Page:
Sarawak Government is deceiving the Mulu communities

Press statement by Mulu United Land Action, 16 March 2019

On the ground surveys by the Mulu Berawan/Tering and Penan communities are showing that the Sarawak Government and YB Datuk Gerawat Gala are not telling the truth about the logging operations by Radiant Lagoon Sdn Bhd for a new oil palm plantation near the Gunung Mulu UNESCO World Heritage Site.

Logging operations are still in full swing contrary to promises that logging would be immediately halted, pending ground investigations by the relevant enforcement agencies as stated by State assemblyman for Mulu, Datuk Gerawat Gala, on March 5 (The Star, “Sarawak natives bringing Mulu forest dispute to UNESCO’s attention; 14 March, 2019). This week, the communities stopped two bulldozers from operating and recorded video footage of ongoing logging operations.

“The driver claimed he was just maintaining the road but later admitted that he was instructed by his supervisor to continue bulldozing trees on Berawan/Tering and Penan land“, said Willie Kajan. “Thousands of trees have been felled illegally on our lands and can be seen lying on the ground.“

The logged area is now barren. Nothing can replace the trees that have been felled and destroyed. The wildlife has lost their home. It would take at least a century for the original trees to grow back. This is such a huge loss.

On Friday, March 14, 2019 the Natural Resources and Environment Board (NREB) refused to hand out the Environmental Impact Assessment for Lot 2 and 3 of the Radiant Lagoon Sdn Bhd concession to Ukau Lupung, the headman of the affected Penan community, Bateu Bungan. Ukau and his son had travelled to Kuching from Mulu to get hold of these documents which are compulsory before any deforestation activities are undertaken.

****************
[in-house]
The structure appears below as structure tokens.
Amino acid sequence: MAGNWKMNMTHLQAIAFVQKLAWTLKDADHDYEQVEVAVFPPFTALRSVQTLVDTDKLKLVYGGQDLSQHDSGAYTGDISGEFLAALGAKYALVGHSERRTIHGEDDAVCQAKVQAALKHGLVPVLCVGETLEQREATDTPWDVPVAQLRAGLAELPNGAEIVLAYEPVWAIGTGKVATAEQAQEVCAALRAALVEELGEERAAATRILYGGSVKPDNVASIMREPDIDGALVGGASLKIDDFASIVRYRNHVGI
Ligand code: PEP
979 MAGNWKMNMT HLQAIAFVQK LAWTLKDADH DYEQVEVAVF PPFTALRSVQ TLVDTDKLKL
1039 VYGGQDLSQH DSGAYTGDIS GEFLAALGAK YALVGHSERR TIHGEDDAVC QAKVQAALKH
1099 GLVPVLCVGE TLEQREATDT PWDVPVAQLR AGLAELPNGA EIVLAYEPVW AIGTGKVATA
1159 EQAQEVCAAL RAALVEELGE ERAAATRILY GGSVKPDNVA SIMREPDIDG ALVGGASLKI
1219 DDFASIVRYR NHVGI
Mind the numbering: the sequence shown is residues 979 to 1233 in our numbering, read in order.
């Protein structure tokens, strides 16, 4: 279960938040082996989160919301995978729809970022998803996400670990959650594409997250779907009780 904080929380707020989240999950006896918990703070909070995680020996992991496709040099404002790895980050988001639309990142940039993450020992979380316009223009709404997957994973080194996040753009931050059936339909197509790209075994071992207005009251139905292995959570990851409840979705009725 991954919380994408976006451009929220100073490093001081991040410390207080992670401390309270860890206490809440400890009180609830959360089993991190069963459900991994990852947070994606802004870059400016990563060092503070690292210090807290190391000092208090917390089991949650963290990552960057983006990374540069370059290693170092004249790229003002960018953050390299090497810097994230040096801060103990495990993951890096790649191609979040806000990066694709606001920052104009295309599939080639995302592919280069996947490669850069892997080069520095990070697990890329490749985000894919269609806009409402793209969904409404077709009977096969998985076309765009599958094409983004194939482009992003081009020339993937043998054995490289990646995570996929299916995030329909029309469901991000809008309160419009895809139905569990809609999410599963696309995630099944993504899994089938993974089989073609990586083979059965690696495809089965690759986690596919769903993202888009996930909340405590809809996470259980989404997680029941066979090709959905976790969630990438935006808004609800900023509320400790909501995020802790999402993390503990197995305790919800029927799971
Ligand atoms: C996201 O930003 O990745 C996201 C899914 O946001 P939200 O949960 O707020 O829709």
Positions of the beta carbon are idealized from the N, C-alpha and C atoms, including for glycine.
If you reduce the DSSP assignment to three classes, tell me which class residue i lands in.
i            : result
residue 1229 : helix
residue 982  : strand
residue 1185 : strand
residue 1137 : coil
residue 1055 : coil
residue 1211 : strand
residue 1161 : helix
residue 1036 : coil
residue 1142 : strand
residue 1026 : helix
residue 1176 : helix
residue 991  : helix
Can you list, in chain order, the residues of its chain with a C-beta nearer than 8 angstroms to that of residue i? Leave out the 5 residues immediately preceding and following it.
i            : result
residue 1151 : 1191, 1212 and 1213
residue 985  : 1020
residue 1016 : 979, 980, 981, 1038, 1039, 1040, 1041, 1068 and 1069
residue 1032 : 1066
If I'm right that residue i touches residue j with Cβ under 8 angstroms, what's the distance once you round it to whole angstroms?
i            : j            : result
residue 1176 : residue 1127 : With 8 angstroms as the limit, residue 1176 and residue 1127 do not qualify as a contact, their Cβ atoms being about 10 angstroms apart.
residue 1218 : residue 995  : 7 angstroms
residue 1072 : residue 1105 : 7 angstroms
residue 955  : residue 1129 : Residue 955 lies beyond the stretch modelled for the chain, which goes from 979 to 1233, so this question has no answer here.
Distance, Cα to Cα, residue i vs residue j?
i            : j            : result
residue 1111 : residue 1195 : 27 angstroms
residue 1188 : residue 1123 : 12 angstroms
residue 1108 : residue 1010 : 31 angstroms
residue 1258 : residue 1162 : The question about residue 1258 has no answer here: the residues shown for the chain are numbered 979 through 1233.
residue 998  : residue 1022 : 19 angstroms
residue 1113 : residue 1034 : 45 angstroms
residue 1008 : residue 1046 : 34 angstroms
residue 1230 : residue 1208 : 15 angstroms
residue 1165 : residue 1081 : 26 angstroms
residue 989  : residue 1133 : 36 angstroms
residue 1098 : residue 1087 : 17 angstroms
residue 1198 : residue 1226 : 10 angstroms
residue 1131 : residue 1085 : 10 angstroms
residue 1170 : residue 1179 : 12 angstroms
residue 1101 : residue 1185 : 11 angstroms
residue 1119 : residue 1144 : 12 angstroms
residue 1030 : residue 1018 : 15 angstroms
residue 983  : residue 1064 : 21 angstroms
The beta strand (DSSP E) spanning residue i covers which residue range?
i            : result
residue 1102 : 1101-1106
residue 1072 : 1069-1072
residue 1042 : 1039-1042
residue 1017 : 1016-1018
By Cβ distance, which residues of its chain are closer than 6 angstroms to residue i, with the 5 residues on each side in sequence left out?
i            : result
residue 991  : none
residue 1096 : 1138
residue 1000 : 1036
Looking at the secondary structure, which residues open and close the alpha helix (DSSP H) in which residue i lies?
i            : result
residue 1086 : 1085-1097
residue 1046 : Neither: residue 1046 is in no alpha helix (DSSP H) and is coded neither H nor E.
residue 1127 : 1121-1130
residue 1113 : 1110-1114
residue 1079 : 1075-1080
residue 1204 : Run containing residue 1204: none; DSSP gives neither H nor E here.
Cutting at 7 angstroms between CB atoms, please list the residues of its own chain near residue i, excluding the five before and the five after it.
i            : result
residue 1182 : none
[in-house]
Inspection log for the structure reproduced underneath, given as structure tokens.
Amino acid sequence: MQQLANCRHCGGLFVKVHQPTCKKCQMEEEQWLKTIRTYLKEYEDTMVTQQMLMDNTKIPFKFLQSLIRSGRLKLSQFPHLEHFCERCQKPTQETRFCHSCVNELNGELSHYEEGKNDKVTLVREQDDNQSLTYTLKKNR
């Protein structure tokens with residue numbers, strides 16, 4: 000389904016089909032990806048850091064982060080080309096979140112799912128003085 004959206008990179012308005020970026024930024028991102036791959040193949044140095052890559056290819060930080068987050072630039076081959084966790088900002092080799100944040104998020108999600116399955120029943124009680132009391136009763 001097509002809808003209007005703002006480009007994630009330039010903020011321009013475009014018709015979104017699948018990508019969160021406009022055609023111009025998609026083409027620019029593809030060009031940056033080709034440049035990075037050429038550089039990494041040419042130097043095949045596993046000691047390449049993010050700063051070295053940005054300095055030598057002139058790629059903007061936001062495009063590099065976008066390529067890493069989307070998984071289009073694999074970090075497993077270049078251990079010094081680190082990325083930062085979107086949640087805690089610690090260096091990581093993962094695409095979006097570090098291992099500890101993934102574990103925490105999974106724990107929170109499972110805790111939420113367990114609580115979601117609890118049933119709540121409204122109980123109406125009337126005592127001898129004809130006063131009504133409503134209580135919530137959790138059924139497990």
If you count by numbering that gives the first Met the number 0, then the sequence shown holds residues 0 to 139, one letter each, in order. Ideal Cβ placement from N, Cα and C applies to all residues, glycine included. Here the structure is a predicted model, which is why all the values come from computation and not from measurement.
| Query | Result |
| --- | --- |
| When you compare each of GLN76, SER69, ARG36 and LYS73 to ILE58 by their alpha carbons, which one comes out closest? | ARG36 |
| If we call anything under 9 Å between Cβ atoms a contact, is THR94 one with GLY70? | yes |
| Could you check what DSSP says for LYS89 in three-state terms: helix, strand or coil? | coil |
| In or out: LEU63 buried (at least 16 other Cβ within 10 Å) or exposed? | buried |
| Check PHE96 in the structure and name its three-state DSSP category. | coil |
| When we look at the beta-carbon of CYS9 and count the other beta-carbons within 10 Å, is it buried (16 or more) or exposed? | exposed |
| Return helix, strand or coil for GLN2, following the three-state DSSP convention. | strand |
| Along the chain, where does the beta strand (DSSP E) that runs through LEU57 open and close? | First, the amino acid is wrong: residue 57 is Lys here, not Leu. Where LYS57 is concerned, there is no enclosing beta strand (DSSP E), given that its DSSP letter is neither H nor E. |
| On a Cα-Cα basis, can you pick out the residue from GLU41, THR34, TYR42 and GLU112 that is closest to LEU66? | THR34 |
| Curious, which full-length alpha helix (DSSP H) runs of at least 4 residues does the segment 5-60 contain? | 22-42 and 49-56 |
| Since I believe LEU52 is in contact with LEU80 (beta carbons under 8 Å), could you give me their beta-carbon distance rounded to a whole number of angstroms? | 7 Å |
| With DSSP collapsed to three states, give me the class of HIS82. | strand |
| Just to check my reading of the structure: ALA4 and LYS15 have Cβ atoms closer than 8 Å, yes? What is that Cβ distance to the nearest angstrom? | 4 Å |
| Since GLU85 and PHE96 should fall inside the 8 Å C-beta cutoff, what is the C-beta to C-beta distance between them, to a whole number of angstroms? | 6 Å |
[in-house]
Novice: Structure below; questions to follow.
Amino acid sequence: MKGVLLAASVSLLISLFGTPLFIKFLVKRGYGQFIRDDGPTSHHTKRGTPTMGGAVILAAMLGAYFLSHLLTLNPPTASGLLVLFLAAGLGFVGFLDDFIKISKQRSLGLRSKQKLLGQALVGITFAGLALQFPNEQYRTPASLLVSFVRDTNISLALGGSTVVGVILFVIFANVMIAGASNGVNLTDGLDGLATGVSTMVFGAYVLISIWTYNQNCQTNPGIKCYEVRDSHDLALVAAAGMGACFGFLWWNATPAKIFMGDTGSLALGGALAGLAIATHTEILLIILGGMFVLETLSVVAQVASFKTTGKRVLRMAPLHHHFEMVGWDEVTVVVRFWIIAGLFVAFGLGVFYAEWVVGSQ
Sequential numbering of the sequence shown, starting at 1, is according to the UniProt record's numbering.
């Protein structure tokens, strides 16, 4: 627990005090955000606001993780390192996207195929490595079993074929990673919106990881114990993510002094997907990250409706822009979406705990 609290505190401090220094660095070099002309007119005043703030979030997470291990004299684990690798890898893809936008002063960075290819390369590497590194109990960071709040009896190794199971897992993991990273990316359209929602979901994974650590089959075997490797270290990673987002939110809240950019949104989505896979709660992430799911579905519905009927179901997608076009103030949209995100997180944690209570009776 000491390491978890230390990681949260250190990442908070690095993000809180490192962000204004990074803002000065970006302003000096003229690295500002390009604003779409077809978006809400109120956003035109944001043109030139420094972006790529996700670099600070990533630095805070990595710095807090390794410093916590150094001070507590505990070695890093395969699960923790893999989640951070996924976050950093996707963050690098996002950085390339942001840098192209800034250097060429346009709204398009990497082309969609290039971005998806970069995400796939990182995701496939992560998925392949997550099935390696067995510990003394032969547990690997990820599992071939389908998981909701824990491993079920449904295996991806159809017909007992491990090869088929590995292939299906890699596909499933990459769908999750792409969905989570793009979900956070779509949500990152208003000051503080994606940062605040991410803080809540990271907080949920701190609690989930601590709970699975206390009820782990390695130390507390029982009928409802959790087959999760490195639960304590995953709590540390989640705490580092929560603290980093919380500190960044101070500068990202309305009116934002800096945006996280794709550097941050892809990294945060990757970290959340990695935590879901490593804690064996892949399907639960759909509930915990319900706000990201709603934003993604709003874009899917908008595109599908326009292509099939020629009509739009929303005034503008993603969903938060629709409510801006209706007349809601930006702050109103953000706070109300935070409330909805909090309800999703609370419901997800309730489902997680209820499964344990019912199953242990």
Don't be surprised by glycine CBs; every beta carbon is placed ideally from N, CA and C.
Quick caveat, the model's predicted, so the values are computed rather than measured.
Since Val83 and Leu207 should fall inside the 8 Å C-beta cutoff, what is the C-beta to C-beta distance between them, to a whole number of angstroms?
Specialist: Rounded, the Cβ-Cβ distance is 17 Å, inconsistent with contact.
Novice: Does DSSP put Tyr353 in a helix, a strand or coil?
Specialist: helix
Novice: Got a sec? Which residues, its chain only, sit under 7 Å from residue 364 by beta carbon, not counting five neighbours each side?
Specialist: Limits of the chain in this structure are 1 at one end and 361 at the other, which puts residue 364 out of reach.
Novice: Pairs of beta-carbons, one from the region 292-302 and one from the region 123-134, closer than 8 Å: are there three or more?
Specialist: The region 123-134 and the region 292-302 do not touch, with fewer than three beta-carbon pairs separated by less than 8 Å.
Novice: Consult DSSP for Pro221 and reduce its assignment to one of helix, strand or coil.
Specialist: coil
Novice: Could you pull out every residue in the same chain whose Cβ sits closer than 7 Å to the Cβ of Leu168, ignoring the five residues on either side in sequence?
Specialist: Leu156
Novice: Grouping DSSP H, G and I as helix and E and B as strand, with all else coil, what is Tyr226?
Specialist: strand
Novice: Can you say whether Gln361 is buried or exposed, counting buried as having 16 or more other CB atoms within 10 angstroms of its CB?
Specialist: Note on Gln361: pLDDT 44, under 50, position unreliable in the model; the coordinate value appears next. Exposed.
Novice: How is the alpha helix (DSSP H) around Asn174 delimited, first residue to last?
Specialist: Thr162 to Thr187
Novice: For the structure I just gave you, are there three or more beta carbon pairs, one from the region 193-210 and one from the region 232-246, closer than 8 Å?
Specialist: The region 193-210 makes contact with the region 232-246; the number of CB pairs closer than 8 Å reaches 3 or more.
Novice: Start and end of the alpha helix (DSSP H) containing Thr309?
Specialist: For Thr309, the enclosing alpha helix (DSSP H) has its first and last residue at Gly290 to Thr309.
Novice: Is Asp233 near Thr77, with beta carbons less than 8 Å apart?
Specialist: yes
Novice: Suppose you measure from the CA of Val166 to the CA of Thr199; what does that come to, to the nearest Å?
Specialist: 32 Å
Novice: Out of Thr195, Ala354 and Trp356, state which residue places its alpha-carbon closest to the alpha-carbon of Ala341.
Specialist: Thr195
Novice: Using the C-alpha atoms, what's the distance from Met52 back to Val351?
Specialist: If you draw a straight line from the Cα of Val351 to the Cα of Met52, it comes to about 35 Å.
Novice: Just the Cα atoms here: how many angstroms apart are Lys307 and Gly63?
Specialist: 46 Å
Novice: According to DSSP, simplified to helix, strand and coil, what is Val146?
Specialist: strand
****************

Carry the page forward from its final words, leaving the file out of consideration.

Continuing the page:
“We are very disappointed that our government is not playing by the rules and unduly favouring the company interests instead of listening to us“, Ukau said. “We have been on this land for generations and now we are not even given any information or consulted on what is going on.“

None of the three core issues raised have been adressed; which are our NCR over the land, the impact on the water catchment area and the encroachment on the ancestral burial grounds.

“We have never been consulted on what is going on our lands and totally disagree on these actions. We call on Radiant Lagoon to immediately stop all activivities and we give them seven days to remove their machinery from our lands“ said Willie Kajan and Ukau Lupung.

On a broader and long term perspective, the local Mulu Berawan and Penan communities are also concerned about how the deforestation can impact the
biodiversity, flora and fauna and natural wildlife that are endemic in the area as this could impact the local tourism industry which is the livelihood of the local indigenous communities in Mulu who provide long boat, guiding and homestay accommodation and other tourism services. The Mulu Park and Mulu Marriott Resort businesses would also be affected.

“Would tourists from all over world like to visit a UNESCO World Heritage site with lifeless polluted rivers? How would the bat population be affected in Mulu? These bats fly as far as to Brunei to forage for good. The nightly bat exodus of millions of bats are one of the key attractions of Mulu” said Willie Kajan.

“The forest is our lifeline as it is equal to a “supermarket” and a “bank” to the Penan, Berawan and Tering communities. We need the forest to survive as we hunt and forage the forest for our food and medicinal plants. It is also a source of natural materials that we use in our daily lives. We also plant fruit trees and our harvests are sold.” said Ukau Lupung.

The land that has been granted to Radiant Lagoon Sdn Bhd is also a corridor between Gunung Mulu UNESCO World Heritage site and the Brunei forests. This corridor is the only area where the Penan, Berawan and Tering communities can hunt and forage as they cannot do so within the area of Mulu National Park. In addition, the wildlife traverse through the corridor as a migratory route between Mulu Park and the Brunei forests.

There is a lot of talk about sustainability, deforestation and ensuring that local native interests are taken into consideration. Hence, this is opportune moment for the Sarawak government and the relevant authorities to take action to ensure that our forests, environment and our interests are protected.


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